25-Apr, 00:07

05:50, January 22 221 0

2018-01-22 05:50:03
Critic’s Notebook: Céline, Hedi Slimane, and the Grown-Up Woman

PARIS — In the 24 hours since the news broke that the designer Hedi Slimane would be returning to the runway as artistic, creative and image director of Céline, the fashion world, much of which is in Paris for the men’s and couture shows, has been largely swept up in a feverish state of anticipatory delight.

“Are you as excited as I am?” texted one retailer friend.

“This is going to be BIG,” said another.

The announcement was viewed, almost immediately, as a coup for LVMH Moët Hennessy Louis Vuitton, the luxury group that owns Céline and that has been engaged in something of a tug of war over Mr. Slimane with its rival group, Kering, owner of Yves Saint Laurent, Mr. Slimane’s last place of work. He transformed pretty much every aspect of that brand, from its name (the ready-to-wear line was changed to Saint Laurent) to its stores to its audience, and while all those changes caused a lot of tsoris, they also made YSL among the most talked-about brands in the industry and led to a period of major growth.

The assumption is he will do the same for Céline: not make it Saint Laurent (duh) but change a lot, cause controversy, make it huge. He’s that kind of guy.

But for all that is exciting, Céline has stood for something very specific for the past 10 years under its former designer, Phoebe Philo — something that to many women was very valuable and that was increasingly in tune with the times — and I’m not sure we are paying enough attention to how important it was in our psychic landscape.

At a time when women are increasingly not just finding their voice but using it, demanding parity and flexing their power, Céline consistently gave them something to wear — or at least to aspire to. Ms. Philo was interested not in what would attract the male gaze, but the female gaze (I can’t tell you how many shows I left with male colleagues who were shaking their heads and saying, “I just don’t get it,” while all the women in the audience were making fantasy shopping lists). And even more important: the grown-up female gaze. And in her clothes — deep pile, no-nonsense, swaddling, streamlined — many of them recognized themselves.

Céline wasn’t overly politicized, the way Dior has become under Maria Grazia Chiuri, or locked into ye olde power suit, but it was assertive and unapologetic. It was where adult women went to understand how to dress. It didn’t play the celebrity game; it played the contemporary C-suite game. That’s a pretty rare identity to possess, and it’s a potentially resonant one. Now more than ever.

It’s possible Mr. Slimane understands this and will serve the same constituency, at least partly. His skinny suits at Dior Homme, after all, were adopted by many women, and his tuxedos at Saint Laurent were ageless. He’s a merchandiser and image-maker extraordinaire, and a creative polymath. He’s very smart.

But it’s also impossible to ignore his fascination with youth culture, and a certain emaciated, up-all-night aesthetic. Or his somewhat childish tendency to refuse to speak to the press, and to ban critics he didn’t like from his shows. Or the fact that the millennial consumer has been name-checked as a target. Or that by introducing men’s wear to the mix, as is the plan, the message will necessarily change.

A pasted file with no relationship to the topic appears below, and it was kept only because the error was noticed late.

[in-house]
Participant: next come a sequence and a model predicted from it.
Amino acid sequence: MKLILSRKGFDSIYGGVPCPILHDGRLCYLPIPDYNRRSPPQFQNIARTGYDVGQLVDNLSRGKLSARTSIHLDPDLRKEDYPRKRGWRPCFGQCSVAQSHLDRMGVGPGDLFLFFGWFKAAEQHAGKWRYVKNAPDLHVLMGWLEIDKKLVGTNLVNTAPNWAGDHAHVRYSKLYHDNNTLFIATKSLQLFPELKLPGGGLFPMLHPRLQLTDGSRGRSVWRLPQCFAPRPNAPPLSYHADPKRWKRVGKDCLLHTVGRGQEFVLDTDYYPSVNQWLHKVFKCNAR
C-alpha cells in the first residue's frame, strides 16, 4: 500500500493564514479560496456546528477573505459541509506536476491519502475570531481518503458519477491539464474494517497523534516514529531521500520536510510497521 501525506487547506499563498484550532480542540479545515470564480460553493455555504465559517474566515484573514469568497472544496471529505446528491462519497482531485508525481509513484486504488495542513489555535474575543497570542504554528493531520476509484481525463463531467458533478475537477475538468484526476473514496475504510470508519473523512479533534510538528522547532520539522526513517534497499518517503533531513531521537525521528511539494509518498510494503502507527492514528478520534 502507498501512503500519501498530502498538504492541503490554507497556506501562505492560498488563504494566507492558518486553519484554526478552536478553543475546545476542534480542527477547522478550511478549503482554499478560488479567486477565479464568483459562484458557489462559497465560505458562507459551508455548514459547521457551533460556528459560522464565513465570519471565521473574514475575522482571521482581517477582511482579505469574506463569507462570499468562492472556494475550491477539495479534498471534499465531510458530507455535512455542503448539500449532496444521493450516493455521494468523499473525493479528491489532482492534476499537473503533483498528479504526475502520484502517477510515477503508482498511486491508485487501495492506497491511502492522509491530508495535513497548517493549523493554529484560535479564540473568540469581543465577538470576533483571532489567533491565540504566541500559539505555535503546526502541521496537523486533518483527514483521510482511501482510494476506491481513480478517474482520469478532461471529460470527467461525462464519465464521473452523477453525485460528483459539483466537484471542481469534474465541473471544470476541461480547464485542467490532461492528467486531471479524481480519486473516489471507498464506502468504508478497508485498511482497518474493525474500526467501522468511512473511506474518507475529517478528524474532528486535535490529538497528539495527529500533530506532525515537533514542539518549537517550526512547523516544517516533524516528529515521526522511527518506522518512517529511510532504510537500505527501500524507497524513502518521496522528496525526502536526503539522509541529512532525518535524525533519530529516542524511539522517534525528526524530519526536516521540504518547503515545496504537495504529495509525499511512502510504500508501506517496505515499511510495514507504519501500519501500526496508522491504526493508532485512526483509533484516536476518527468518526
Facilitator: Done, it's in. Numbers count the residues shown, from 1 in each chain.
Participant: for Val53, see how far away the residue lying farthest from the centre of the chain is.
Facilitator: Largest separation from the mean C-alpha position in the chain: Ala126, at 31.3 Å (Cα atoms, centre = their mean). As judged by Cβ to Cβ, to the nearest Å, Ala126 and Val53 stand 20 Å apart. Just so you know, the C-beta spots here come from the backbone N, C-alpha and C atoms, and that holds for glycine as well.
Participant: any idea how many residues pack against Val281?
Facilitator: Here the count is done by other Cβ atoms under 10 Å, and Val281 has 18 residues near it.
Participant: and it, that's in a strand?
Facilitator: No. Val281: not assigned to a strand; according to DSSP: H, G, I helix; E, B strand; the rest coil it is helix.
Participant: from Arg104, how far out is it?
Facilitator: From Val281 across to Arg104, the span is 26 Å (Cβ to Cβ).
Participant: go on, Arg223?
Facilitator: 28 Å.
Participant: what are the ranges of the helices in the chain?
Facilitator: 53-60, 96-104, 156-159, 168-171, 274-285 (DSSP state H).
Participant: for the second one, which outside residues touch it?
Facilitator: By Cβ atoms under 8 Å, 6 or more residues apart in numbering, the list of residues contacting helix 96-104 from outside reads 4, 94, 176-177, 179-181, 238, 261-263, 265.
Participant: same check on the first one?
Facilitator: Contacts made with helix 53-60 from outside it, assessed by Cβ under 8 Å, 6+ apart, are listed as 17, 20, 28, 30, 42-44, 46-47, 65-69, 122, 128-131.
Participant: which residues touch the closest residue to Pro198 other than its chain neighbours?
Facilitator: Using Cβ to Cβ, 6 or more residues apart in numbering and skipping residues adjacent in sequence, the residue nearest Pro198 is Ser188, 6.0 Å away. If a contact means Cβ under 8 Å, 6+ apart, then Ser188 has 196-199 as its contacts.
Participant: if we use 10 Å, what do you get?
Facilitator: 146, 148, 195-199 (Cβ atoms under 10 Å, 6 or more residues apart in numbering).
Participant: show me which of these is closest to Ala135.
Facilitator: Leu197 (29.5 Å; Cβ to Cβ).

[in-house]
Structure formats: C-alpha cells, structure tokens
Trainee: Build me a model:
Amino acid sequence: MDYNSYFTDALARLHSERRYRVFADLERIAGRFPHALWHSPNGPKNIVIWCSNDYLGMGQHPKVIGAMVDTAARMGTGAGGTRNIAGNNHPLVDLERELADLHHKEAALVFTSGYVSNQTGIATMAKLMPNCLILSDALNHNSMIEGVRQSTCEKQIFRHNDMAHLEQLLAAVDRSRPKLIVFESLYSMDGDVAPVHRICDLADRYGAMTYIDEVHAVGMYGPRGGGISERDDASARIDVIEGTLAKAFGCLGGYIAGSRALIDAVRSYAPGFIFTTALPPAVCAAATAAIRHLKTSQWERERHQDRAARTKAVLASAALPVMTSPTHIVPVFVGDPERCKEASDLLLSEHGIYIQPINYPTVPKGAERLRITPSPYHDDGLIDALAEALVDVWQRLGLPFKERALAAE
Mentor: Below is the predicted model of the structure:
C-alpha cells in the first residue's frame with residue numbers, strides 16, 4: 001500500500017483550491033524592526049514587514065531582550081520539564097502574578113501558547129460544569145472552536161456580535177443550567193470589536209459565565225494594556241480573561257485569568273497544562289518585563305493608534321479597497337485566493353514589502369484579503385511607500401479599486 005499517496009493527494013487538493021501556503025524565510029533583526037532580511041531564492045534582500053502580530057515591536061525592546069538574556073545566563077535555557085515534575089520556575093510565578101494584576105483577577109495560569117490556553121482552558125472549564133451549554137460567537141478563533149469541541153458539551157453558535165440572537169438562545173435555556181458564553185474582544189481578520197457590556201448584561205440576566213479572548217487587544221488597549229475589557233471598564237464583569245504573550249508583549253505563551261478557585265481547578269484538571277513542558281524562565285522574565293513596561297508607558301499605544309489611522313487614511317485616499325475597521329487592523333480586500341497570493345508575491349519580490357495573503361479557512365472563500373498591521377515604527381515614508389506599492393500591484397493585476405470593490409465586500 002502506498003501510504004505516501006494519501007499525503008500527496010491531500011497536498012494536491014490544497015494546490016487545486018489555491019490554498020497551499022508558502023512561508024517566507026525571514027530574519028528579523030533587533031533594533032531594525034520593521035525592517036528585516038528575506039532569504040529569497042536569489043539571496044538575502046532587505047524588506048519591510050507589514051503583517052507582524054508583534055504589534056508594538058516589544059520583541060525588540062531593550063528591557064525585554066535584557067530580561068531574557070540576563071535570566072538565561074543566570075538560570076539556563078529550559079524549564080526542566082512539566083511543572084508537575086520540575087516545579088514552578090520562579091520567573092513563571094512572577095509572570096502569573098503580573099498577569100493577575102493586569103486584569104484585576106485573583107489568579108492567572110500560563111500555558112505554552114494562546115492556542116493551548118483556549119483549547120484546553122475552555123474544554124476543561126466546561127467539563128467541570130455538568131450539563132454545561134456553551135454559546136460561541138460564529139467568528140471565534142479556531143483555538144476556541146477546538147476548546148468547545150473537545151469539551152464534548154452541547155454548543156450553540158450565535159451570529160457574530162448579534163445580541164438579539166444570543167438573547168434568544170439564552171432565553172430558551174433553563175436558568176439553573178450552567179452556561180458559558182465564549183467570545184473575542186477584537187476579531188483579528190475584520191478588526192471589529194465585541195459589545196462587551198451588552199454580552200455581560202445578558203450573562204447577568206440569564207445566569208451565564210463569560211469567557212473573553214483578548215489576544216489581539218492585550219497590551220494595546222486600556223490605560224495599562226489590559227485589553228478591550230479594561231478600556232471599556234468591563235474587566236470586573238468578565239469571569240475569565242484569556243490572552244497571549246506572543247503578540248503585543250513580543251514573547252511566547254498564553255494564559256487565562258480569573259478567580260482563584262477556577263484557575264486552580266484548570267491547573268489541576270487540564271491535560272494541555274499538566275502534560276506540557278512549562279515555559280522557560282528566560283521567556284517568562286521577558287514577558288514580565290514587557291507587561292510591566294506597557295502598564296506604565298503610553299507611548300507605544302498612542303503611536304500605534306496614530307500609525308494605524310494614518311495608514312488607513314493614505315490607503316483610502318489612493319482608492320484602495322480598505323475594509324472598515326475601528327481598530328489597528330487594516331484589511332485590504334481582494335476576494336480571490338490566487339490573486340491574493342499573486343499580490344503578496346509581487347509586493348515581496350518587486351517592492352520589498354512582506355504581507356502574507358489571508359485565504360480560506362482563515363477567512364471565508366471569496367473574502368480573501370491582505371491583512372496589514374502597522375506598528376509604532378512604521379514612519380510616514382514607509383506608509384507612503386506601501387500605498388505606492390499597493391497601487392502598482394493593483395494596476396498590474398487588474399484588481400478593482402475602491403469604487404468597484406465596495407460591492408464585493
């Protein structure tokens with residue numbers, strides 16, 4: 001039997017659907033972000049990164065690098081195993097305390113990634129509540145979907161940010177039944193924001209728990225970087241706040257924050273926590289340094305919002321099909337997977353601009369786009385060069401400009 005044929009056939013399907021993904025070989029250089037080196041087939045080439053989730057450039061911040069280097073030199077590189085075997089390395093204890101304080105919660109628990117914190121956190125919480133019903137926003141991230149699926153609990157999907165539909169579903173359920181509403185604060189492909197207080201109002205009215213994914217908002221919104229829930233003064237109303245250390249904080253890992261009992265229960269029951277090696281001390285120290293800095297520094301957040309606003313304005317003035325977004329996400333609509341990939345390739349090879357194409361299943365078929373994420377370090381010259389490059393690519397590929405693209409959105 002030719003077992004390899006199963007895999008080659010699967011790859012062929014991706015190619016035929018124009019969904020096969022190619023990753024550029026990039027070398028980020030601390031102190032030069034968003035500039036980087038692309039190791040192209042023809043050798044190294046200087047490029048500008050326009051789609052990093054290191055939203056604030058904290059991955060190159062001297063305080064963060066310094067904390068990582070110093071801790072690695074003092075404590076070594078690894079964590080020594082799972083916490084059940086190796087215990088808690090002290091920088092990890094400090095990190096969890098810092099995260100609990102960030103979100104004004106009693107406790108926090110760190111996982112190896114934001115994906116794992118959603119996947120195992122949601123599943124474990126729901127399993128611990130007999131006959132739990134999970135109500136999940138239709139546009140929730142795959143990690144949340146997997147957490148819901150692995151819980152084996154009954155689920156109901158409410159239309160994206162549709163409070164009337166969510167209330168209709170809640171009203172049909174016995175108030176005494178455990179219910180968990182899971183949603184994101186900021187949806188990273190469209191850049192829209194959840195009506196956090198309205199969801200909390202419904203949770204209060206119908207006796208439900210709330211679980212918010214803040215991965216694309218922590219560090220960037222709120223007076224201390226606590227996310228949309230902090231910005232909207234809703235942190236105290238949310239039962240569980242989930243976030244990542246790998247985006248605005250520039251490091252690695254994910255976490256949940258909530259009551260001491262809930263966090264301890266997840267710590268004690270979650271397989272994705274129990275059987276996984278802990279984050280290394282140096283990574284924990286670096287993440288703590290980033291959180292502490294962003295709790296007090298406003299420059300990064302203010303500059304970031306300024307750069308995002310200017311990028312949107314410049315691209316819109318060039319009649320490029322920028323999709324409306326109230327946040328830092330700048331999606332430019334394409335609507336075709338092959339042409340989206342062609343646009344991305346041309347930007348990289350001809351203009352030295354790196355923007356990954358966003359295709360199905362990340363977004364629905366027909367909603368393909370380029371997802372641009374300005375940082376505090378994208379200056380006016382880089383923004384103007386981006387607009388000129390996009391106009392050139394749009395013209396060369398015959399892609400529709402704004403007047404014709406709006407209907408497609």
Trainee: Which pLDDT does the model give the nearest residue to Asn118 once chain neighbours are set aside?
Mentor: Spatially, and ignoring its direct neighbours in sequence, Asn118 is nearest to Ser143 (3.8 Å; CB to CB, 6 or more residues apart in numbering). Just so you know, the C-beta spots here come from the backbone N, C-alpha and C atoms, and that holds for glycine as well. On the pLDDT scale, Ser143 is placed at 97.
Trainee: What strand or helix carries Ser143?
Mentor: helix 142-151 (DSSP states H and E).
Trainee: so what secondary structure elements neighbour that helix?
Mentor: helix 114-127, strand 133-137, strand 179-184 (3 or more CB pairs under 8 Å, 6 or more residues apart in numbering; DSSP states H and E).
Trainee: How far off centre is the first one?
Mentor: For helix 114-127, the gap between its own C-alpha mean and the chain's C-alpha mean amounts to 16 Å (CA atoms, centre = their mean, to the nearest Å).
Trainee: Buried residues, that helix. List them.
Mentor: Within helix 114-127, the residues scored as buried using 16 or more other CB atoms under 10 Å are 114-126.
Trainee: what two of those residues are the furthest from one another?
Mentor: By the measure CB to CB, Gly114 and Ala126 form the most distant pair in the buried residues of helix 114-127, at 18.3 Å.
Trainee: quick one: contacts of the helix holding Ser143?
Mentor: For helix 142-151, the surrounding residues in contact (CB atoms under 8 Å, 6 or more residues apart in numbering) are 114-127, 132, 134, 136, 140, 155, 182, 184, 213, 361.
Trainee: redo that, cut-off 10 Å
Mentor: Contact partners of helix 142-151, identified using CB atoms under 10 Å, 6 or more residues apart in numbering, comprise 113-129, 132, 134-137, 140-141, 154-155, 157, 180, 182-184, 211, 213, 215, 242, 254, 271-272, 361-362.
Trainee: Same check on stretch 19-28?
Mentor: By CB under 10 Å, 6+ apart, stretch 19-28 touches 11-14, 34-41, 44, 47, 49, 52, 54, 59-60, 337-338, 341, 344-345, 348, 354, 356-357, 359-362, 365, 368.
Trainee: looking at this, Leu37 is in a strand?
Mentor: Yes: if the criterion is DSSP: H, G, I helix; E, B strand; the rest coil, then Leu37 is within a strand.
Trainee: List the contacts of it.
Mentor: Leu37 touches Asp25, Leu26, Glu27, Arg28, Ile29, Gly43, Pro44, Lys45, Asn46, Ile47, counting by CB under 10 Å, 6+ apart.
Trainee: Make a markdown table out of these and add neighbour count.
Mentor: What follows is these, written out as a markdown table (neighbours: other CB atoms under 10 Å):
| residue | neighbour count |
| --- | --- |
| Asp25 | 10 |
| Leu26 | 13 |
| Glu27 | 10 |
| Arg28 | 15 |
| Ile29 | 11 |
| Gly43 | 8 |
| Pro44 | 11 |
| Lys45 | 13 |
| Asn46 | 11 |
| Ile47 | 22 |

That’s part of the point of fashion, I know; as reliable as the rise and fall of hemlines. I am not advocating stasis or blind loyalty to the status quo. That way lies irrelevance. And other houses that were once the go-to brand of executive women everywhere have evolved in different directions (Jil Sander springs to mind), and other designers have stepped up to fill in the gap.

And it may well mean, as the owners believe, a much bigger brand, one remade in Mr. Slimane’s mind. He has already, after all, remade an old title (“designer”) into one that encompasses pretty much every single synonym for that post in recent memory. Some designers are creative directors and some are artistic directors, but he’s going to be both — and more. All at the same time!

It is the first signal of the brave new brand that is to come, as well as the designer’s global ambitions. But whatever that is — and you can believe the buzz by this fall, and his first show will be deafening — here’s hoping that Mr. Slimane’s Céline remembers the women who built it to the size it is now, and who felt that rare thing in modern fashion: a personal connection to the clothing. As Nicole Kidman said at Sunday night’s SAG Awards, apropos of her 40-plus age cohort: “We’ve proven that we’re potent and powerful and viable. I just beg that the industry stays behind us.” Fashion too.

And, on those lines, here’s hoping that every critic gets invited to the show, and that Mr. Slimane is willing to talk about it — not ad infinitum, but every once in awhile, and without restrictions. Here’s hoping he stays at Céline longer than the three years he stayed at Saint Laurent, and sticks with whatever it is his vision becomes. Here’s hoping that instead of symbolizing the recent industry trend toward designers leaving brands after increasingly abbreviated, disruptive stints, he comes to symbolize a new kind of commitment. A radical maturity, you could call it.

Here’s hoping.